A prison might not be the first place that comes to mind when considering the benefits of regular spiritual practice. Yet, the success of a meditation program offered to inmates at a high-risk prison in Alabama gives weight to the adage “don’t judge a book by its cover.”
The William E. Donaldson Correction Facility is a maximum-security prison located in Bessemer, Alabama. It is a rough-and-tumble place: the facility is named after a corrections officer who was killed by an inmate. The prison houses offenders serving lengthy sentences – several hundred are sentenced to life without parole – and it specializes in managing “behaviourally difficult” inmates.
Notwithstanding its hard-knocks reputation, in 2002 the Donaldson facility established a pioneering meditation program for its inmates. Based on the teachings of the Buddha, the ten-day intensive retreat helps participants to improve their self-awareness, self-confidence and hopefulness. The program is voluntary, but it’s far from a cake-walk. Participants meditate in complete silence for 10-13 hours a day for ten straight days. Owing to its rigidity, one inmate described the program as “tougher than his eight years on Death Row.”
The benefits are impressive. Inmates who complete the program report lower stress levels, better control of their emotions, improved social skills, and a new sense of peace. This calmness of mind has helped to reduce aggression and other behavioural problems amongst participants. As evidence, the Alabama Department of Corrections found that inmates who completed the program had a 20 percent reduction in disciplinary action.
If regular spiritual practice can work in a hardened place like a maximum-security prison, what would it offer to a comparatively placid life? That’s the question I sought to answer with my final challenge of the year. So I challenged myself to invest at least one hour every day doing a spiritual activity. Every day this month, I spent time meditating, practicing yoga, reading contemplative texts, and attending spiritual services.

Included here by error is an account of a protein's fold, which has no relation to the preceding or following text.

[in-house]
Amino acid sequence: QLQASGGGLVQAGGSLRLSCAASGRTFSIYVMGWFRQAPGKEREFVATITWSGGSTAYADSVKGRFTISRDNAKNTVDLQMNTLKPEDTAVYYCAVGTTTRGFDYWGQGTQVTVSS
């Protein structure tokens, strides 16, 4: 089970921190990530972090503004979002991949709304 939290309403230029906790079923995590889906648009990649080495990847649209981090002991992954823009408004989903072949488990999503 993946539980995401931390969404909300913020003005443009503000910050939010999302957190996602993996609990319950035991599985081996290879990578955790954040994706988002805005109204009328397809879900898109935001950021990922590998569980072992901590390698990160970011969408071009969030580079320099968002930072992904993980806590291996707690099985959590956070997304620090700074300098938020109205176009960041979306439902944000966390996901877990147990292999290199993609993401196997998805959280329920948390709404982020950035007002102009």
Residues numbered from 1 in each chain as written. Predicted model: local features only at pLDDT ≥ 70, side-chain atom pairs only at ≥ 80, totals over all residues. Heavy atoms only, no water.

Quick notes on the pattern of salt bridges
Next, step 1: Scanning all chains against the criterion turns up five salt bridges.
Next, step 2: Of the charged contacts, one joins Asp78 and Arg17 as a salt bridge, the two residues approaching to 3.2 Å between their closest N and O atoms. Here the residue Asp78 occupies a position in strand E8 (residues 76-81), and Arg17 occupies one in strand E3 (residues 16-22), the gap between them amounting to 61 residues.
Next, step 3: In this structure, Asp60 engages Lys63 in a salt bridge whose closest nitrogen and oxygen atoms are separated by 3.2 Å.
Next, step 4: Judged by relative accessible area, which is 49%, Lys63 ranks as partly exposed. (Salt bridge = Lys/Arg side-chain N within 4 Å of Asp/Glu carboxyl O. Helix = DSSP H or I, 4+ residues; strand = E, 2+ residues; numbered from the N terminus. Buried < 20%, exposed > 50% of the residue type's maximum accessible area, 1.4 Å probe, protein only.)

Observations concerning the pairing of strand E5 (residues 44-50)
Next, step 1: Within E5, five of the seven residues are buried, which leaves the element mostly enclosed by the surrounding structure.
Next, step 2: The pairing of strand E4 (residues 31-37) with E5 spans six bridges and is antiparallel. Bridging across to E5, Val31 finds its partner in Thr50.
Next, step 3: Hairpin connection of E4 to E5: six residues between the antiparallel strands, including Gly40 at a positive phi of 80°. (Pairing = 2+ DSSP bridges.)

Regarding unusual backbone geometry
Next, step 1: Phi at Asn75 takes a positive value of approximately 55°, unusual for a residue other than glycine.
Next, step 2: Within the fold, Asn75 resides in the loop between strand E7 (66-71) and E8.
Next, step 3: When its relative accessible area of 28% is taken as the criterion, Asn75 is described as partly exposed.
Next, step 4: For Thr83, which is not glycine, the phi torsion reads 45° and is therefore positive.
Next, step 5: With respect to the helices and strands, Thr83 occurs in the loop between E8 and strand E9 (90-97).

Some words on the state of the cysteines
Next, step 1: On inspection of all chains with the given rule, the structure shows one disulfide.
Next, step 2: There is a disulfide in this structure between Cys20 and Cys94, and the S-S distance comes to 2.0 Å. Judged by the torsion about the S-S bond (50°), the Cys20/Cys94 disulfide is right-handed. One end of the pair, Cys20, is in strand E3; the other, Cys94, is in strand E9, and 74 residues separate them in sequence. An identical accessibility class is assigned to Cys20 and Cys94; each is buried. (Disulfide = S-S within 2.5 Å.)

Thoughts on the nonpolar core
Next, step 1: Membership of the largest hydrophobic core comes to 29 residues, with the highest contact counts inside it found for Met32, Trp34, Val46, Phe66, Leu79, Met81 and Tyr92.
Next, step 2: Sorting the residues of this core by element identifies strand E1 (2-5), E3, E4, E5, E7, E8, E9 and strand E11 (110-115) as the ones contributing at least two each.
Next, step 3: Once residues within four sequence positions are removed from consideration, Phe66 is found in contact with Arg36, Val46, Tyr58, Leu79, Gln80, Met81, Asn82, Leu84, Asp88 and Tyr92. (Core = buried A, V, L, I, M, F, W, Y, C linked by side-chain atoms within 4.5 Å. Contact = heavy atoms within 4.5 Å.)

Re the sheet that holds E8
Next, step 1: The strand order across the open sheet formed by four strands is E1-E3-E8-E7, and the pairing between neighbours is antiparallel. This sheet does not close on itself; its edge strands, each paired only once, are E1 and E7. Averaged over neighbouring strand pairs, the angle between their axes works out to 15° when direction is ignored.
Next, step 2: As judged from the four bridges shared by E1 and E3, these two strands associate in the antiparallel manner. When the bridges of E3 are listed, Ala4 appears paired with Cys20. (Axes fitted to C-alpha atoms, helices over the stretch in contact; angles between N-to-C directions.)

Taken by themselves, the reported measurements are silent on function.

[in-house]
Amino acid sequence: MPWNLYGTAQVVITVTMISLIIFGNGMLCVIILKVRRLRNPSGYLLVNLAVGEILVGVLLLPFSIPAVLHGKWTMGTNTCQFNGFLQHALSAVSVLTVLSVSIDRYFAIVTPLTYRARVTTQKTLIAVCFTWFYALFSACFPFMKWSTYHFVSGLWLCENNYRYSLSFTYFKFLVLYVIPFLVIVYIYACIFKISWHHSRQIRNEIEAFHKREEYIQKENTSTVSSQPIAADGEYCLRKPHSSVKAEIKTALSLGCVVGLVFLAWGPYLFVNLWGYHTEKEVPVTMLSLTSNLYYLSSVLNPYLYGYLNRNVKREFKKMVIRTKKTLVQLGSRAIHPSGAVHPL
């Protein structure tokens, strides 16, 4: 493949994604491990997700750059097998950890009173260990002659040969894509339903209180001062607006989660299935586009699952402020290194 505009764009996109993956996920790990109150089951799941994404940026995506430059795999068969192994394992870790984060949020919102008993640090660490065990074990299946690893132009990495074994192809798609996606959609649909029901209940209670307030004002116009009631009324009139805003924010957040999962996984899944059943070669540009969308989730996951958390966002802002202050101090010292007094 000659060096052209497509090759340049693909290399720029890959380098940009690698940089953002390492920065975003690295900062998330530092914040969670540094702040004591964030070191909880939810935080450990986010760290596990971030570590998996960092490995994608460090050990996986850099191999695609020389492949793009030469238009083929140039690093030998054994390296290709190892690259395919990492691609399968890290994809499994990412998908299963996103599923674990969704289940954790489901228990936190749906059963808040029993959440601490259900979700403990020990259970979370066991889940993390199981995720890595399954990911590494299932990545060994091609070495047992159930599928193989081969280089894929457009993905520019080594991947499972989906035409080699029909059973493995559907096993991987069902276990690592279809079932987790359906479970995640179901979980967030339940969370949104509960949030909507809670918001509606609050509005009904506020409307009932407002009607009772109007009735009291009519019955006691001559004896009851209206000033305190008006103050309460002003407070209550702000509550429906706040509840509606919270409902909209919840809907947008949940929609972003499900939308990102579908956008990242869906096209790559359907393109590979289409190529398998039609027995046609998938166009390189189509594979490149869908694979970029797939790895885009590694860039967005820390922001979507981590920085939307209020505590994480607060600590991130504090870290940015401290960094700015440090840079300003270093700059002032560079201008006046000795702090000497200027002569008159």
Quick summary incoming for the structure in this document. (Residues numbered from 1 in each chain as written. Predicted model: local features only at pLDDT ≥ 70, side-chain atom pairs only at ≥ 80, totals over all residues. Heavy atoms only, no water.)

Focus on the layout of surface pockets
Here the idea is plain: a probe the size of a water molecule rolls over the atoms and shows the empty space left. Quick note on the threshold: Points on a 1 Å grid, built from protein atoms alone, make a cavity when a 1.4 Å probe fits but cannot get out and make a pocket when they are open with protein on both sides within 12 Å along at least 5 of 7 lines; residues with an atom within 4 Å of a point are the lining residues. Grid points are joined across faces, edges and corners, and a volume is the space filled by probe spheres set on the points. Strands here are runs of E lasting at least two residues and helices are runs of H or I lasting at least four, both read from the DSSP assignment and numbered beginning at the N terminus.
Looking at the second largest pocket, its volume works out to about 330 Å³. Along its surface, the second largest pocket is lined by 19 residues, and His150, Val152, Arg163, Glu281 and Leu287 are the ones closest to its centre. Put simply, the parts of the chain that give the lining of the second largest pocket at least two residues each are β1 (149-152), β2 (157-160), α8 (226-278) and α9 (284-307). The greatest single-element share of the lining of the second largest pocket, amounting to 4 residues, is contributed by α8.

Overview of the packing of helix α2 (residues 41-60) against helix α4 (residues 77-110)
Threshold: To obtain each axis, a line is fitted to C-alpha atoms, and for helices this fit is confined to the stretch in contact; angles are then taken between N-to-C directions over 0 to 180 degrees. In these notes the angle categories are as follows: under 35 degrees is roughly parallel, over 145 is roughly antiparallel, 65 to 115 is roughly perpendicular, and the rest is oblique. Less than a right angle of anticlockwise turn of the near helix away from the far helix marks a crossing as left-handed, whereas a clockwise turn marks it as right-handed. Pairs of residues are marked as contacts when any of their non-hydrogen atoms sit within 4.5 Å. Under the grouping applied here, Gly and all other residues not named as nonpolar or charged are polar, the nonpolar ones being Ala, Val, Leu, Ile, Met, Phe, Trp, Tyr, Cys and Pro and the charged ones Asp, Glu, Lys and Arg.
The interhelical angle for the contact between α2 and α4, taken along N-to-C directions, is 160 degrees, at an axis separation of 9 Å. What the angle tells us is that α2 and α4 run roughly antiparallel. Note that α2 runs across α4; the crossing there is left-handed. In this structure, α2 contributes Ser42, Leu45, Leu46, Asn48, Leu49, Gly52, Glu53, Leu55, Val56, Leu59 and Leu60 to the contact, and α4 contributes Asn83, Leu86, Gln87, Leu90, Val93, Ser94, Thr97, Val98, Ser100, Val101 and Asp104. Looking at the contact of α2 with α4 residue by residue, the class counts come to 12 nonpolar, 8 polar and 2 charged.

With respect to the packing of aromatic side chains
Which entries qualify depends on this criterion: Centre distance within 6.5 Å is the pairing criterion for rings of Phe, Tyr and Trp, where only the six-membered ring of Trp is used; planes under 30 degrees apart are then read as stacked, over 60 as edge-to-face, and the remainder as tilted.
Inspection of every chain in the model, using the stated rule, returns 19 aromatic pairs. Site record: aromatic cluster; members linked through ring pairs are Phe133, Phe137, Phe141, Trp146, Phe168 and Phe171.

In the past, I’ve never thought of myself as a spiritual person. I’m not religious, and so coming into this month I wondered how and if spirituality would fit into my life. Despite my agnostic beliefs, I promised myself to keep an open mind in exploring what it means to be spiritual.
An early revelation came while attending service one Sunday. In his sermon, the minister spoke of a spiritual life as one that has a higher purpose and is in service of something larger than yourself. It’s a life based on goodness and compassion, not aggression or ill-will towards others.
This portrayal of spirituality deeply resonated with me. Truth be told, I always found it unsettling that my life was so void of spirituality, like I was missing a key ingredient to living an authentically full life. Yet my entire yearlong experiment in creating change has focused on doing good in the world, through small daily gestures of contribution, kindness and compassion. Could it be that I’ve been leading a spiritual life all along?
A breakthrough moment came during a weekend meditation retreat at a local Buddhist centre. In between meditation exercises, one of the speakers talked about the interconnectedness of trees in a forest. He explained how trees share nutrients and water through an underground network, the bigger trees feeding the younger ones, making the entire “community” of trees stronger as a whole.
Inspired by this thought, one day I spent an hour in contemplation in the forest behind the university where I teach. It was a grey and drizzly day. But, instead of feeling bleak and alone, I saw the world around me in a different way.
Breathing in the oxygen-rich air and regarding the beauty of the forest around me, I saw the web of life of which each of us is a part. We are indeed all connected. The art of being human and living a meaningful life – dare I say a spiritual life – is to nurture those connections in service of something greater than ourselves. Like the trees in the forest, we need each other in order to thrive.